Ex-announcer Andy Musser speaking up for Anchor Steam

ANOTHER APRIL, another baseball season.

Andy Musser is downing a lunchtime brew, when I ask him if he misses it. The game, the players, the travel. The extra innings, the blow-outs, the 6-4-3. The chin music, the suicide squeeze, the inside-the-park home run. . .

The game.

“Baseball,” he says, “always meant a lot to me. I’ve always been a fan, even as a kid.

“But I’m not looking back.”

Andy Musser called it quits last summer. For the first time since he was a high school junior in Harrisburg, Pa., he isn’t spending his days and nights in the announcer’s booth. That’s almost 50 years behind a mike, calling plays.

He spent the last 26 of them at the Vet, doing Phillies play-by-play. He remembers the first one like it was yesterday.

“It was a Saturday home opener, and I had to take a red-eye back from Portland, Ore., where I was doing a Bulls game. . .

“The Phils were playing the Pirates. Johnny Oates was catching – he beat out Boone that year. And Dave Parker ran into him at the plate and broke his shoulder. Oates was never a No. 1 catcher again.”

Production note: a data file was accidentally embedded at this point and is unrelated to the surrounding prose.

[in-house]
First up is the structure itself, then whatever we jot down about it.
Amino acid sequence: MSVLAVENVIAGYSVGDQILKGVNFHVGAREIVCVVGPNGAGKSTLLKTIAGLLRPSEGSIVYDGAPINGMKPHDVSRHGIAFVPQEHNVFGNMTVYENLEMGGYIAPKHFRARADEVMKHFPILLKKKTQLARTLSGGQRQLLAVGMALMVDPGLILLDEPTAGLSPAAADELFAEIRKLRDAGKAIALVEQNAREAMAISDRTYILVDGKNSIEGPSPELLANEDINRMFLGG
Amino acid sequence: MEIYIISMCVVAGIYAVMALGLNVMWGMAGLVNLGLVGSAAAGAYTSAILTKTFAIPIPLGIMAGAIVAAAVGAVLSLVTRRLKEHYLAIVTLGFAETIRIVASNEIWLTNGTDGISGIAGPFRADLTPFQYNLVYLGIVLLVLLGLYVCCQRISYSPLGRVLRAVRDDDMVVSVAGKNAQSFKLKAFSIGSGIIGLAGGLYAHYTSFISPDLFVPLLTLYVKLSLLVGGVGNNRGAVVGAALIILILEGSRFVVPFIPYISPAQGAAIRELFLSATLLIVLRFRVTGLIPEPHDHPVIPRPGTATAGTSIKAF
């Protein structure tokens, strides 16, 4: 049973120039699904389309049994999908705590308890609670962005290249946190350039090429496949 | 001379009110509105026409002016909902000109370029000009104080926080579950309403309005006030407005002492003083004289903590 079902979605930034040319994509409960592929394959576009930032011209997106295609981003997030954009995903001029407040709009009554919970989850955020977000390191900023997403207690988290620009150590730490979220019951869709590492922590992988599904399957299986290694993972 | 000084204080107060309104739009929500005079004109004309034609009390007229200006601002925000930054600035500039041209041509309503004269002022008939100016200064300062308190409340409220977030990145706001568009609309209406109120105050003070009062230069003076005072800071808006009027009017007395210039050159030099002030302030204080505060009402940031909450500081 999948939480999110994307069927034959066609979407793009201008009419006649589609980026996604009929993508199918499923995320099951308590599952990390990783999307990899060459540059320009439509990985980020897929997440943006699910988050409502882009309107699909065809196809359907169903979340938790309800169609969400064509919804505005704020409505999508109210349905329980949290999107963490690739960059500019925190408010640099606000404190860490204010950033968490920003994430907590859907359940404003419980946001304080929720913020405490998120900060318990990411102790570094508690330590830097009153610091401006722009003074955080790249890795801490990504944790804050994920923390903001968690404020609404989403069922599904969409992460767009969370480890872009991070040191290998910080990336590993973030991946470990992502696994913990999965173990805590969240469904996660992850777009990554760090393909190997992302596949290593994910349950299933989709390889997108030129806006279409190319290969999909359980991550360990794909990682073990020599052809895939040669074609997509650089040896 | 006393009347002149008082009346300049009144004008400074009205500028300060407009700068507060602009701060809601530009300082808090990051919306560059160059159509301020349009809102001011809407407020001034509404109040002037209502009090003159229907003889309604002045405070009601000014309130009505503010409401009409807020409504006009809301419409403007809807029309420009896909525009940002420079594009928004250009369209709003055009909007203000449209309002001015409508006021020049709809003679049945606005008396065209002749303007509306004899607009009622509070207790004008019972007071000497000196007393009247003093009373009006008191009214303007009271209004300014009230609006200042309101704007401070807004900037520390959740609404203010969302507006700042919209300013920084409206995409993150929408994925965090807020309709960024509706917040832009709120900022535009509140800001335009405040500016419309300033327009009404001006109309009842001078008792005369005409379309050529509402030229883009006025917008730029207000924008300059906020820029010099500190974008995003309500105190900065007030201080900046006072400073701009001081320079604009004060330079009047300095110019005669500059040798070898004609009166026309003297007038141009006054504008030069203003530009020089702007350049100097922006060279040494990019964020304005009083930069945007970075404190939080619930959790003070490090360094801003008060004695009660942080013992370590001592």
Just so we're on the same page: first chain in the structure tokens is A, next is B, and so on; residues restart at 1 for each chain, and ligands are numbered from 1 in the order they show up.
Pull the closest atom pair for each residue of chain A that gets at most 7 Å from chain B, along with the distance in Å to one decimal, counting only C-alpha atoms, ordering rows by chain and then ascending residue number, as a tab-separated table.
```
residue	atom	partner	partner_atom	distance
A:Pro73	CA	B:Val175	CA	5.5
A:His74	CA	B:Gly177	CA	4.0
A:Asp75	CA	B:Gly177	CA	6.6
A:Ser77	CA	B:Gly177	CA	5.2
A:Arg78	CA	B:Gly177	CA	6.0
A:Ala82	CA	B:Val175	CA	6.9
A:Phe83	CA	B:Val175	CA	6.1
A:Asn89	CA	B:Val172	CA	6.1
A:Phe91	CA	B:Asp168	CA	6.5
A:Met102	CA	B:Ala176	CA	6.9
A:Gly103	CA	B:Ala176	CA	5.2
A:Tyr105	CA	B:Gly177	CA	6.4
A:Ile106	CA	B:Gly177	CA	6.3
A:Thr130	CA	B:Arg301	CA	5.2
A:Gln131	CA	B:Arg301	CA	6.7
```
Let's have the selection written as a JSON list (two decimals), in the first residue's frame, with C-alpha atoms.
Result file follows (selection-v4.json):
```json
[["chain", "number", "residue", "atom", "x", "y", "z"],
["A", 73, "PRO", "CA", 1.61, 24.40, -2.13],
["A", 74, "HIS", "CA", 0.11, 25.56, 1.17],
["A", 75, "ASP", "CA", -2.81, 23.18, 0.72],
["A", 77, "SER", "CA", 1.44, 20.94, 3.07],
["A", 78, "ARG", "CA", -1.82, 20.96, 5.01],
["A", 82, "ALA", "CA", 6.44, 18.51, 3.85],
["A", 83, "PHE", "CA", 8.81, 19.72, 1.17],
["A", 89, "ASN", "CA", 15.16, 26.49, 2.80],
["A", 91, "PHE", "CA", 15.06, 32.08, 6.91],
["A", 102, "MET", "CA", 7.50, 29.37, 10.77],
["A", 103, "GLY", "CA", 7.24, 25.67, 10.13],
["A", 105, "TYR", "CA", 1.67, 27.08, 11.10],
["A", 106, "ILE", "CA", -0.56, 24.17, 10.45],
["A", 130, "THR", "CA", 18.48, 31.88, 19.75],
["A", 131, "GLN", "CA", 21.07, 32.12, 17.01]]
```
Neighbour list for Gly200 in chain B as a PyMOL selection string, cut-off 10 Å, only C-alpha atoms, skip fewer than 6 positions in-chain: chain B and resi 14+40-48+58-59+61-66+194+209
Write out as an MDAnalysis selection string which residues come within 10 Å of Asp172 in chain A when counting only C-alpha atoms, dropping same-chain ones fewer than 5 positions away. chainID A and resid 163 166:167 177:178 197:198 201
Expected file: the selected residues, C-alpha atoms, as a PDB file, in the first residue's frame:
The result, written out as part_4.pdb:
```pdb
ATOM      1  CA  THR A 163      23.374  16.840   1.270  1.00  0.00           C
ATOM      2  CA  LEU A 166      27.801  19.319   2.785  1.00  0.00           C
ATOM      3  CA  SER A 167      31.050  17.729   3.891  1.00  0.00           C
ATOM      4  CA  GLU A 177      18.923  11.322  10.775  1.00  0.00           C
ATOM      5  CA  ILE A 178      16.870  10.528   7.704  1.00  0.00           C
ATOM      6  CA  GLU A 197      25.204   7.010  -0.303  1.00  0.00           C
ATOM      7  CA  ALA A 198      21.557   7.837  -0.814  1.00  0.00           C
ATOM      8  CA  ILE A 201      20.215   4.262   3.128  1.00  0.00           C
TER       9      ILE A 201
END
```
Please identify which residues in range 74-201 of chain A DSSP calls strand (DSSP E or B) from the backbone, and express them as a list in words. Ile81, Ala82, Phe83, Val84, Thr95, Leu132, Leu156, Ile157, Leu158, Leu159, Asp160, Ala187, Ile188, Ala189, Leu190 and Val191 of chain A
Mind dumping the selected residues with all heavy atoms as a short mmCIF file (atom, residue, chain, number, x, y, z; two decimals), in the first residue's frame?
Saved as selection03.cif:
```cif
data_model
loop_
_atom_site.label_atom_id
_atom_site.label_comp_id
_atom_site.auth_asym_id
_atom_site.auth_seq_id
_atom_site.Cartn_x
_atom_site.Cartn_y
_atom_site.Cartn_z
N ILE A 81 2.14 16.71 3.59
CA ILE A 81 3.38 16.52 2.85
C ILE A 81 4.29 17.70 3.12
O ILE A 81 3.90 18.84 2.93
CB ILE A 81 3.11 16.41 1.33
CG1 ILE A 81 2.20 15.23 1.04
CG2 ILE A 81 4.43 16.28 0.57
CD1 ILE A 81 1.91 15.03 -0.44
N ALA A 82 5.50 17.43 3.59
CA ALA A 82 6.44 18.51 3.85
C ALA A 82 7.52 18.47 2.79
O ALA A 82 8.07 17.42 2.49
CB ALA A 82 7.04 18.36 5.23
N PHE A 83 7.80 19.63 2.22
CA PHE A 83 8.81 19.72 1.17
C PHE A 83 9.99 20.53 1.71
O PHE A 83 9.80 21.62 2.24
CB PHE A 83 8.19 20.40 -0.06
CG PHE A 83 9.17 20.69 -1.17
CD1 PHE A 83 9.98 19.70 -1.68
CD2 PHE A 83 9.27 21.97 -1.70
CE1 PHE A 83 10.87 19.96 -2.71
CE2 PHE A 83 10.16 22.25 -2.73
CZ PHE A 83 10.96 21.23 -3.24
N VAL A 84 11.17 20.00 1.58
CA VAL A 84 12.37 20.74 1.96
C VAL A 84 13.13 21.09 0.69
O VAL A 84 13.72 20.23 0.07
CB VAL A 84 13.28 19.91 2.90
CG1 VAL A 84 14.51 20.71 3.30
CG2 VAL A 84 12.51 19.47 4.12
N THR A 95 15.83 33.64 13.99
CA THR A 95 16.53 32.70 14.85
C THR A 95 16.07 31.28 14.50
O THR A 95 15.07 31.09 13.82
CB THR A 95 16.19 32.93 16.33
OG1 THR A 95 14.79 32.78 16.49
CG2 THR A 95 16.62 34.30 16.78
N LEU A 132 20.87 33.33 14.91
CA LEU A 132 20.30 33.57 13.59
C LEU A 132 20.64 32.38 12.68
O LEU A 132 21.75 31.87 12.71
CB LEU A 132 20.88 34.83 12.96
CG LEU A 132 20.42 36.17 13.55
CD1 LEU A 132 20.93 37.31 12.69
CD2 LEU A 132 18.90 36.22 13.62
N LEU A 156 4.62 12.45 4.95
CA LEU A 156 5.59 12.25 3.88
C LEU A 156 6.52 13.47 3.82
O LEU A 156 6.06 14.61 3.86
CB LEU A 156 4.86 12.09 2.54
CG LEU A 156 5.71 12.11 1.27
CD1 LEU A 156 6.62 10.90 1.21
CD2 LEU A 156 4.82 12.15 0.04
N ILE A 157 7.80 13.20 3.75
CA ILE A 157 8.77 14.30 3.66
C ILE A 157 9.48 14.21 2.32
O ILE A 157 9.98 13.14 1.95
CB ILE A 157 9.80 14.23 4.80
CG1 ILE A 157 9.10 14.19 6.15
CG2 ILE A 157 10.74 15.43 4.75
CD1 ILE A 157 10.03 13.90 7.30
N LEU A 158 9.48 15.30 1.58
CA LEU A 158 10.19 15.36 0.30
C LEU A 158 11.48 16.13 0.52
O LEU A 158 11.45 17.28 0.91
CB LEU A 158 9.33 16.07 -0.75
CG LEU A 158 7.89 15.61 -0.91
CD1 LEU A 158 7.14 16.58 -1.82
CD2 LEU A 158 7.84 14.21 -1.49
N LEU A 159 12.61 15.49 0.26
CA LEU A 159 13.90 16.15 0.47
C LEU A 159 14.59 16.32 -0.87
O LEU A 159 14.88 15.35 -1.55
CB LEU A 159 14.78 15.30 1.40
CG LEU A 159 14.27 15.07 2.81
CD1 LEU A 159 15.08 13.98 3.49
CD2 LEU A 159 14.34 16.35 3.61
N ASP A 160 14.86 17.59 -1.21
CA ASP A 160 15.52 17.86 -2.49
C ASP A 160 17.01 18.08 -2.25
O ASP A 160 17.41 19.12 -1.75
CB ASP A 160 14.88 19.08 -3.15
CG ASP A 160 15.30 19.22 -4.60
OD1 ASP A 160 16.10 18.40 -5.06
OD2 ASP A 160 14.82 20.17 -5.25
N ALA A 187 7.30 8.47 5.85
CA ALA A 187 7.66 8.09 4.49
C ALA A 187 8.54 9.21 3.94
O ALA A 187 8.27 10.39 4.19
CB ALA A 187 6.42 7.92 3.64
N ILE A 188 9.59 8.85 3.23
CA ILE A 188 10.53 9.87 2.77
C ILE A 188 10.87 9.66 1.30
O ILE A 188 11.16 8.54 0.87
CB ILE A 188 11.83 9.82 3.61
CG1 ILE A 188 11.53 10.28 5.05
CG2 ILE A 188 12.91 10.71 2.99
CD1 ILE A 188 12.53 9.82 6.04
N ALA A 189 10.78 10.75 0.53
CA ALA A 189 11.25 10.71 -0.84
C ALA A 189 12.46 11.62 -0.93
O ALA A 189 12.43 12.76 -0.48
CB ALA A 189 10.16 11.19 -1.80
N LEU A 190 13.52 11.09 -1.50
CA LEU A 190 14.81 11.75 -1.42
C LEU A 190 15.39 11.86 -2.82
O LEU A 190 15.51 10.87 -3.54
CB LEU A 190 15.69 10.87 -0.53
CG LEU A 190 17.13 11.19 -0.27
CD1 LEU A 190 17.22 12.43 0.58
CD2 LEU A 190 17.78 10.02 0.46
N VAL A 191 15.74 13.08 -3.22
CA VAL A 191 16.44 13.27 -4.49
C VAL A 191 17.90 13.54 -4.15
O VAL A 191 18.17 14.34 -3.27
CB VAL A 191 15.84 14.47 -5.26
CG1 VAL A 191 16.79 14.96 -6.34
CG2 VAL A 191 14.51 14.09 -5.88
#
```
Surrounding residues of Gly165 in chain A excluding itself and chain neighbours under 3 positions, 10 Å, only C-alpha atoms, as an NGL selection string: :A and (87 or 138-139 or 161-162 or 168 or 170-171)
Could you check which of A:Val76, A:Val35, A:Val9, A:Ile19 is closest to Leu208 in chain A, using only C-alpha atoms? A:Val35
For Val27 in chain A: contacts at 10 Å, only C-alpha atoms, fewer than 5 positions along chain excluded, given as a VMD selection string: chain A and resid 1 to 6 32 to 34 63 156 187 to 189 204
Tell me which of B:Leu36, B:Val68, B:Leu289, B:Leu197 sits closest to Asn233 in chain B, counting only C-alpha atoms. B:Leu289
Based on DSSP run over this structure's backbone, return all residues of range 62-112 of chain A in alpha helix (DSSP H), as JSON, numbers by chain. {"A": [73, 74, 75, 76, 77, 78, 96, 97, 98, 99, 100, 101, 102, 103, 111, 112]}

You hear the memories, and you think that quitting would leave a hole. But you’re wrong. For Musser, there’s more to life than baseball.

Beer, for instance. Anchor Steam Beer.

It is Musser’s favorite beer, and that means something. The guy’s a hophead. He’s visited more breweries than ballparks. He was a part-owner of the now defunct Dock Street brewpub. He’s a guest speaker at beer-tastings. He’s a reg’lar in Philly’s beer bars. He knows his beer.

And so, this April, at the age of 64, Musser is swinging into a second career, as a beer rep, for San Francisco’s Anchor Brewing.

“It is truly a labor of love.”

When a guy starts talking about love in a bar, there’s usually tears or regret. But Musser is unabashed:

“It was 1974. I was living in San Diego, doing Chargers games. And I did USC football, too.

“One day, I was driving along the coast and I stopped in at a place in Newport Beach. I remember the place to this day: the Rusty Pelican.

“I ask the waitress what they have on tap, and she tells me they have something new from San Francisco. Anchor Steam.

“I take one sip, and it was like the old Ford commercial, where the lightbulb just goes on in your head. I never tasted anything like it.

“It was a life-changing experience.”

Those are strong words, and Musser pauses. He takes a sip and admires his glass.

“It is just such a fine beer. . .”

Then he continues.

“Whenever the Phils played at Candlestick, I’d try to stop in at the brewery. I took the tour a few times, then one day this woman asks me if I’d like to meet Fritz.”

Fritz Maytag, the father of the American microbrewing revolution. He took his family’s washing machine dough and saved the old Anchor brewery from extinction by reviving handcrafted Steam Beer. The success spawned 1,000 micros over the next 20 years.

“We started talking, and we just clicked,” Musser said. “Our birthdays are just 19 days apart. He’s a baseball fan, I’m a beer fan. A friendship just developed.